Europe South Asia Asia Pacific Americas Middle East Africa BBC Homepage World Service Education



Front Page

World

UK

UK Politics

Business

Sci/Tech

Health

Education

Sport

Entertainment

Talking Point

In Depth

On Air

Archive
Feedback
Low Graphics
Help

Wednesday, June 30, 1999 Published at 12:31 GMT 13:31 UK


UK

Tabloid may escape Leeson censure

Leeson was interviewed by David Frost for the BBC

The Press Complaints Commission (PCC) has said a tabloid newspaper may get away with paying £100,000 for the story of rogue trader Nick Leeson.

The Daily Mail is said to have offered a "six-figure sum" to interview Leeson, the man who brought down Barings Bank in 1995, on his release from prison in Singapore.


[ image: Nick Leeson will be freed from jail on Saturday]
Nick Leeson will be freed from jail on Saturday
He is to be freed from his maximum security jail on Saturday and is to fly back to London overnight.

Under the PCC's Code of Practice, convicted criminals are not allowed to profit from their crime. But a spokeswoman told BBC News Online that if the Mail gave the money to charity, it would sidestep the code.

"If they make a payment to charity then they are not making a direct payment to him, his family, associates or colleagues, so that would be okay," she said.

But she added: "If we get a complaint in writing then we would have to investigate it."

The Mail is believed to be consulting the PCC about how to secure Leeson's story without breaching the guidelines.


[ image: Ewan McGregor and Anna Friel at the première of Rogue Trader, a film about Nick Leeson's life]
Ewan McGregor and Anna Friel at the première of Rogue Trader, a film about Nick Leeson's life
It is thought to be considering donating the money to a cancer charity.

Leeson, sentenced in December 1995 to six and a half years in jail, has contracted cancer of the colon and has a 30% chance of dying within five years.

Last year The Daily Mail paid the parents of former au pair Louise Woodward, convicted in the US for the manslaughter of baby Matthew Eappen, a reported £40,000 for an interview.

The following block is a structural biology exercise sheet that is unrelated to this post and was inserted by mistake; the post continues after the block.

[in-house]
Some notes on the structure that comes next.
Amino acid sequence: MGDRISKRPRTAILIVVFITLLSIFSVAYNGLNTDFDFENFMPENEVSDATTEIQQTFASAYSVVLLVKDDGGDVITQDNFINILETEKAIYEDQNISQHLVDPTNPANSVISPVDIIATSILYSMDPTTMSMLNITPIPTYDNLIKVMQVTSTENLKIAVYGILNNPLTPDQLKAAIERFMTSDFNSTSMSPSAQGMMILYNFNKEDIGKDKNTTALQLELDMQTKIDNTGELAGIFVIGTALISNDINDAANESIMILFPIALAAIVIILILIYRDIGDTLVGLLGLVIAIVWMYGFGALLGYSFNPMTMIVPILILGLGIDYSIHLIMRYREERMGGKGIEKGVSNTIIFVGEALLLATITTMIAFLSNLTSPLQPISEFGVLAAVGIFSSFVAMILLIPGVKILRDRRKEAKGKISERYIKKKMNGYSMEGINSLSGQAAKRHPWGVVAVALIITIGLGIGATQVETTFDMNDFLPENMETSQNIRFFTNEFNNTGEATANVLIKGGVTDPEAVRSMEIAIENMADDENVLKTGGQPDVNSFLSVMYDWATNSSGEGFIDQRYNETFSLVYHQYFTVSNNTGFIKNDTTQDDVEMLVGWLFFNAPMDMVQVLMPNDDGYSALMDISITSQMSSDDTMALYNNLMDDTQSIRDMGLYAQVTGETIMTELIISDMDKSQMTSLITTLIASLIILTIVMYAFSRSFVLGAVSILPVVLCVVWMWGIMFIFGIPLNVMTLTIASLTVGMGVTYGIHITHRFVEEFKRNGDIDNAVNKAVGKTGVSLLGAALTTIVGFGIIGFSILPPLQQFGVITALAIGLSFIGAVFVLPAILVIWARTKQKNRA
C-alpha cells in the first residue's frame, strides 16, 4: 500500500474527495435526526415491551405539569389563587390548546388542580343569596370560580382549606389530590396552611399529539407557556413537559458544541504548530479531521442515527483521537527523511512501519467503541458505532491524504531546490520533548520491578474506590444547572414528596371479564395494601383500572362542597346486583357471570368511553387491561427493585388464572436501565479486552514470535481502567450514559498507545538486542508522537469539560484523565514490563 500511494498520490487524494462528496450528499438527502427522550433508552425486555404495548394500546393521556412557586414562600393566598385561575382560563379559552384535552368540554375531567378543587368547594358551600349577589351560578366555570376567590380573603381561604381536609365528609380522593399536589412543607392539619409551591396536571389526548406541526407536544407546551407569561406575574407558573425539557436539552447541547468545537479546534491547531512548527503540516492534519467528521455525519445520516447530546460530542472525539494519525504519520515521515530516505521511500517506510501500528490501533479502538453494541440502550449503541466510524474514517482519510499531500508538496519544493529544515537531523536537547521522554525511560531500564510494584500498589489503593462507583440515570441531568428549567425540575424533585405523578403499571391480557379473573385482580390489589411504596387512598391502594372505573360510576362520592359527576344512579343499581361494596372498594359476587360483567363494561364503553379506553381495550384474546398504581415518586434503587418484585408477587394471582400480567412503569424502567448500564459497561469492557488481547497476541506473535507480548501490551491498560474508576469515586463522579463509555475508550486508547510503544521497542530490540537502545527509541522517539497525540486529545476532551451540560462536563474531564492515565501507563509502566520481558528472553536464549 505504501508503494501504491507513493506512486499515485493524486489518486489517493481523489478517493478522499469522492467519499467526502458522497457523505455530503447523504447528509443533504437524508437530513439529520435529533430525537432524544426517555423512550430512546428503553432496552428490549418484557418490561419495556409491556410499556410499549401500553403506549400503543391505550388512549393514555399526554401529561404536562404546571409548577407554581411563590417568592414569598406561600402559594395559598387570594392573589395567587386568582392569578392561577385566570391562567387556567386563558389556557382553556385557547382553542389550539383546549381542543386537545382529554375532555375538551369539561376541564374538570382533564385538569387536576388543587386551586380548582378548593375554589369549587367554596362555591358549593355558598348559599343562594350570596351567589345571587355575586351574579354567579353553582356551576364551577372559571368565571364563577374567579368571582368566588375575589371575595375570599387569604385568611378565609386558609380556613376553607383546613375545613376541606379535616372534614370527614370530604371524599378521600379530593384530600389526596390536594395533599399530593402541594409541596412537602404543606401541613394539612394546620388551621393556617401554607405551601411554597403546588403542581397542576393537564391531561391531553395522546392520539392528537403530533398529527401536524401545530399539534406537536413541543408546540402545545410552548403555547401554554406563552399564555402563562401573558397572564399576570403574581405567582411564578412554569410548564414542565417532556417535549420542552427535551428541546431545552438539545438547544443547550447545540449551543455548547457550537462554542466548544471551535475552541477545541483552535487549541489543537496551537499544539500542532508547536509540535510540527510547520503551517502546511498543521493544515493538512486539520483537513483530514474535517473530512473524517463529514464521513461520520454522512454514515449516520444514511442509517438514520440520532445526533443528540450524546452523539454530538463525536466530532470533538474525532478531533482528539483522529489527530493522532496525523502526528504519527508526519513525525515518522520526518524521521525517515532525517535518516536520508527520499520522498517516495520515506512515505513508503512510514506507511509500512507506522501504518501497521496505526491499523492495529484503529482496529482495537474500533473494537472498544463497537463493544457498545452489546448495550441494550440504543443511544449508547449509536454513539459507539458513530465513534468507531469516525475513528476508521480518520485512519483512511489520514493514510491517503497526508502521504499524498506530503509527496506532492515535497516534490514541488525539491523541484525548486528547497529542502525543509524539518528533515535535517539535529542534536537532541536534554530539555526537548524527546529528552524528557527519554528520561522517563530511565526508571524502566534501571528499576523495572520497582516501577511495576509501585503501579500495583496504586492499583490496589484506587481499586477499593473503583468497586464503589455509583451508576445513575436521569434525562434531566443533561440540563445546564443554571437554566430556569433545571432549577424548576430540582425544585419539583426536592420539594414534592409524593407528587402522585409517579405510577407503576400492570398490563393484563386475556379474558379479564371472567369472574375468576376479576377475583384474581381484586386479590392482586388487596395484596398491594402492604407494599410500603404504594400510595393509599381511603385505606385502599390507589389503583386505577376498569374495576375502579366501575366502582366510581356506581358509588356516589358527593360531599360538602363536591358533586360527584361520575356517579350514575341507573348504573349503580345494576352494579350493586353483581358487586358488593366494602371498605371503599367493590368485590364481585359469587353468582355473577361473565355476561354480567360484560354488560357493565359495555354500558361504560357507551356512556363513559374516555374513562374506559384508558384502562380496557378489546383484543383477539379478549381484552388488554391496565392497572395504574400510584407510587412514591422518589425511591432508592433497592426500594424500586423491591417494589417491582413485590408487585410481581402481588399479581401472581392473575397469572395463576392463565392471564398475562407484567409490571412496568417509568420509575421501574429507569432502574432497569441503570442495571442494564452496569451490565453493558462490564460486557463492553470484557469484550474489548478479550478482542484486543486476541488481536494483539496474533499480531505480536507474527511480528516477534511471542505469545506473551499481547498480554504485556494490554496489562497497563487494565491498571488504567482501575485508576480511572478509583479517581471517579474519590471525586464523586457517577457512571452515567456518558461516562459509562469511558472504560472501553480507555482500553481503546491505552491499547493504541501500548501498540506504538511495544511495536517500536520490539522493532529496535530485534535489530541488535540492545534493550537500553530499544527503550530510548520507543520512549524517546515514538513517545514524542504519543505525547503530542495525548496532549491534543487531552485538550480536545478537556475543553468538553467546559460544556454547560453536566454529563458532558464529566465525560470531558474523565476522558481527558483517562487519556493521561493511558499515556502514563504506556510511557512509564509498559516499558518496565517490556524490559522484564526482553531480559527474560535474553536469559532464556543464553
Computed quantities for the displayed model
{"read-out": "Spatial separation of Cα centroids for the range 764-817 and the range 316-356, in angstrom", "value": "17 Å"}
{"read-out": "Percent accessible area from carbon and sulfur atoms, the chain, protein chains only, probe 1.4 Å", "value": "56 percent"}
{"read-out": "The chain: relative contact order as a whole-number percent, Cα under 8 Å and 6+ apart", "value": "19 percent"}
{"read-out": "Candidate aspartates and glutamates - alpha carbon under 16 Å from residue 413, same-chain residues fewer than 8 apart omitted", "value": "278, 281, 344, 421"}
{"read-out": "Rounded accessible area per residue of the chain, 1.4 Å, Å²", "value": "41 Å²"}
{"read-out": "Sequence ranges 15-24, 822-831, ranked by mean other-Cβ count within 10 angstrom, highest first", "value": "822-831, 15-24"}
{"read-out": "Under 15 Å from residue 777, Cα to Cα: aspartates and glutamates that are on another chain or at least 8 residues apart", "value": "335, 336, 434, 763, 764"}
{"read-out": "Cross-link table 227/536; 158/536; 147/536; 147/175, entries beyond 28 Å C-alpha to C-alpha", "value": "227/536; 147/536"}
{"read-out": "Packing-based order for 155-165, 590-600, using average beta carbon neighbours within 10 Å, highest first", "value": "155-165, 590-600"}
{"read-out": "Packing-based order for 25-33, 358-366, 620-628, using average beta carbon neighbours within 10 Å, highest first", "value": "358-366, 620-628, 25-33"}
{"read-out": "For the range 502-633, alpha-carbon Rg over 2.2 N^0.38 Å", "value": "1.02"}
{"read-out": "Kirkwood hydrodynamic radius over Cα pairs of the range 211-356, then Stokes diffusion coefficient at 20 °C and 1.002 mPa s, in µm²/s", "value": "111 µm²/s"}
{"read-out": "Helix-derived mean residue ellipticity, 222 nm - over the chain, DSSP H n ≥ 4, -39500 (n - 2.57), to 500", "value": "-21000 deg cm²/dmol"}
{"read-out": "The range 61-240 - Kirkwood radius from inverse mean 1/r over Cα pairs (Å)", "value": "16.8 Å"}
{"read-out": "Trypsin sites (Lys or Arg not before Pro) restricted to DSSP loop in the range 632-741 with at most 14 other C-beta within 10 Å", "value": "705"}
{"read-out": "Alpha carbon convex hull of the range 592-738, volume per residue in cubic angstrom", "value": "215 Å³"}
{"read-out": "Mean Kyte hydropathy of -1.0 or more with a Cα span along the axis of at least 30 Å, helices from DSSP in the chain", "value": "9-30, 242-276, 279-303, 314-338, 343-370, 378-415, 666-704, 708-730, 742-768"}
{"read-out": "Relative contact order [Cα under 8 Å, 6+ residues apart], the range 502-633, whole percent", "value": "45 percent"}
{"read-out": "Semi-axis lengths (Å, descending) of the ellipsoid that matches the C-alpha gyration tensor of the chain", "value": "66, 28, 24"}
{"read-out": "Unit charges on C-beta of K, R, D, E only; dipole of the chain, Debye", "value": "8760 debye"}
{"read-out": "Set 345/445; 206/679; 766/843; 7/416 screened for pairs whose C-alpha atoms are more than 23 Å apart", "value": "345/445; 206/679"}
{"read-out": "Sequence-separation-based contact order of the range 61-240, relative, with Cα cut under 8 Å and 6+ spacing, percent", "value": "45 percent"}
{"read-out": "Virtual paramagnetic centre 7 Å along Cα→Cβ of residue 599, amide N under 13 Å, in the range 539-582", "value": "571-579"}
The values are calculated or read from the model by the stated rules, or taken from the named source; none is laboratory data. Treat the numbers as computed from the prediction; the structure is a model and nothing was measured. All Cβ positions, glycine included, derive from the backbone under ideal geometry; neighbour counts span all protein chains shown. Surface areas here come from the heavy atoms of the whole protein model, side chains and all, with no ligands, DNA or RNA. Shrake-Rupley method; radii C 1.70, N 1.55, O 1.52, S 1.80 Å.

Ms Woodward reached an out-of-court settlement with the Eappens preventing her from personally profiting from her story and is to give any payment she receives to the charity Unicef.





Advanced options | Search tips




Back to top | BBC News Home | BBC Homepage | ©


UK Contents

Northern Ireland
Scotland
Wales
England

Relevant Stories

29 Jun 99 | UK
Woodward parents charged with theft

22 Jun 99 | Entertainment
Stars back the Rogue Trader

22 Jun 99 | The Economy
How Leeson broke the bank

22 Jun 99 | The Economy
Leeson scandal 'could happen again'

21 Jun 99 | UK
Disgraced trader Leeson 'sells story'

29 Jan 99 | UK
Woodward settles legal case





In this section

Next steps for peace

Blairs' surprise over baby

Bowled over by Lord's

Beef row 'compromise' under fire

Hamilton 'would sell mother'

Industry misses new trains target

From Sport
Quins fightback shocks Cardiff

From Business
Vodafone takeover battle heats up

IRA ceasefire challenge rejected

Thousands celebrate Asian culture

From Sport
Christie could get two-year ban

From Entertainment
Colleagues remember Compo

Mother pleads for baby's return

Toys withdrawn in E.coli health scare

From Health
Nurses role set to expand

Israeli PM's plane in accident

More lottery cash for grassroots

Pro-lifers plan shock launch

Double killer gets life

From Health
Cold 'cure' comes one step closer

From UK Politics
Straw on trial over jury reform

Tatchell calls for rights probe into Mugabe

Ex-spy stays out in the cold

From UK Politics
Blair warns Livingstone

From Health
Smear equipment `misses cancers'

From Entertainment
Boyzone star gets in Christmas spirit

Fake bubbly warning

Murder jury hears dead girl's diary

From UK Politics
Germ warfare fiasco revealed

Blair babe triggers tabloid frenzy

Tourists shot by mistake

A new look for News Online